removed, about three minutes worth all together. Unfortunately, the
preformed the editing on the negative itself, and no copies of the original
cut of the film exist. While this is a tragedy, the film is easy
to understand as it is, and none of the cuts stand out with the exception
of the opening shot. Originally there was a title card identifying
the location as Milan, and then showing some of the natives singing opera
as they worked. This scene was cut, and the movie opens without an
establishing shot. It just jumps into the action, which actually
seems appropriate for a Marx Brothers movie.
This DVD has the original mono audio track. The quality of the
soundtrack is a little lower than I was hoping for. There is quite
a good amount of hiss in the background throughout the entire film.
Granted that this is a film that is nearly 70 years old, but there are
other films from this age that sound much better. Aside from that
the dialog was easy to understand.
This film was presented in its original aspect ration of 1.33:1.
The image had a fair amount of grain to it, a little more than I would
have liked. There are also several missing frames through the film
that result in jump cuts. The blacks were more of a very dark gray,
but aside from those defects the picture looked fine. There was a
good amount of detail and the contrast was excellent. This movie
could have looked much worse, and the grain shouldn't prevent anyone from
buying this film.
This disc is packed with some great bonus material!
Commentary: There is a running
commentary by Leonard Maltin. This is the first commentary I have
heard Mr. Maltin give, and it was a mixed bag. Whenever I see him
on TV or interviewed, I always get the impression that he is reading his
lines off of cue cards. This commentary is no different. He
doesn't sound natural and relaxed. He also sounds a tad pompous and
talks down to the audience a little, partially to fill up the time.
At one point while two people are talking on screen he says, "Here we have
what they like to call 'exposition.'" During one of the musical numbers
he comments, "This is known as 'selling a song'." I had to laugh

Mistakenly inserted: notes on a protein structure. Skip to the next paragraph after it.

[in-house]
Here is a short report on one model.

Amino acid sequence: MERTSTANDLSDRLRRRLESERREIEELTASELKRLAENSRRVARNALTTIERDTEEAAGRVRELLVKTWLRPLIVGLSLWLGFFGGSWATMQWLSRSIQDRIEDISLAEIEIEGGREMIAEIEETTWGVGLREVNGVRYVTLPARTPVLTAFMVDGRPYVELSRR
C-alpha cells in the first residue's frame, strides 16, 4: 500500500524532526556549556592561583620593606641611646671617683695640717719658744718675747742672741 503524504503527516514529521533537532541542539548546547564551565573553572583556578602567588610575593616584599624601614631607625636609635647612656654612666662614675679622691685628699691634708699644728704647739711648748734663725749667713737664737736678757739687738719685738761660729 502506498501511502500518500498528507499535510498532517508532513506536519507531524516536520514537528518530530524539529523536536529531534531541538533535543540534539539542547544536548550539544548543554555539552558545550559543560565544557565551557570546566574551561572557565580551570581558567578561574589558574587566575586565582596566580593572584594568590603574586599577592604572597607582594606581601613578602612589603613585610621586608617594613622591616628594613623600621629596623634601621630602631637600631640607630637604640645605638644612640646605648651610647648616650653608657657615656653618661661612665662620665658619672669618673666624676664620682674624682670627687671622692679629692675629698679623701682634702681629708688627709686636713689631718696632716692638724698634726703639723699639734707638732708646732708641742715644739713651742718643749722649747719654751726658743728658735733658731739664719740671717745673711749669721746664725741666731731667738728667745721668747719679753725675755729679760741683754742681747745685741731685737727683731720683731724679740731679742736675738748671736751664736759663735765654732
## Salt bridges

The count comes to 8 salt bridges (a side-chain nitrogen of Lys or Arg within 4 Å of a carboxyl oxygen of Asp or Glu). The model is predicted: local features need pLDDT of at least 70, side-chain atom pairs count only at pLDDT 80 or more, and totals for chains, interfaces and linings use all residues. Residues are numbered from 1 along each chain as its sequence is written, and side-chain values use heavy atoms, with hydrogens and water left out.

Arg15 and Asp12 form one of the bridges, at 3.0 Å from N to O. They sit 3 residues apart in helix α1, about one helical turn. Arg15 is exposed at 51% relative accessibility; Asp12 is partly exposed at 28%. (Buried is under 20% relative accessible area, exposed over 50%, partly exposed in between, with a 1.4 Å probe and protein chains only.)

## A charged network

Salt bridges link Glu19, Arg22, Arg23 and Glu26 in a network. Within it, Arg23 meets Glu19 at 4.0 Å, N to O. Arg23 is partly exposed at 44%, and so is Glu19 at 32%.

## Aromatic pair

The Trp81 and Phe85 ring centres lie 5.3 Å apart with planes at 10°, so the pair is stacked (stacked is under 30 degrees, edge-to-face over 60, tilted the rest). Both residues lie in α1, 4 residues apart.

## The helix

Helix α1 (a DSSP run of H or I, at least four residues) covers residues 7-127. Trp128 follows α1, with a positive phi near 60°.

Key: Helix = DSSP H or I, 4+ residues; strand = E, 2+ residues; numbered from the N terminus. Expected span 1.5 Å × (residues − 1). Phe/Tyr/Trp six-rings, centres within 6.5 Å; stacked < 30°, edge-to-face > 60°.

out loud at those. He also spends a good amount of time describing
the scene that you are watching on the screen. Again, I think this
is to prevent long gaps in the commentary, which I don't have any problem
Aside from those critiques, his comments were very interesting.
He related many funny anecdotes about the brothers in general and the filming
of this movie in particular. He points out the character actors
who have small bits and fills us in on their careers. If you don't
mind his speaking style this was a good insightful commentary.
Remarks on Marx: This 34-minute
documentary talks about the Marx Brothers and this movie. It has
many interview clips with friends and movie scholars, and gives a nice
overview of the group. There are many interesting stories and anecdotes
including how they got their nicknames.
Groucho on The Hy Gardner Show:
This 5 minute excerpt from a 1961 TV show has Groucho talking about his
relationship with Irving Thalberg. Groucho was pretty old by this
time, but he still knew how to tell a story. I wish they had included
the entire show.
How to Sleep: This 1935 short
won an Academy Award for best short subject. It's an amusing look at how
to cure insomnia.
Sunday Night at the Trocadero:
This reel long short has a studio executive going to the famous restaurant
looking for new talent. There is a lot of singing, and appearances
by famous stars. Groucho has a small cameo.
There is also a trailer for the movie.
While the audio and video quality is not perfect, they are not too bad.
The movie itself is very funny, and should be in every comedy film library.
Add to that the copious extras and this is a great disc to own. Highly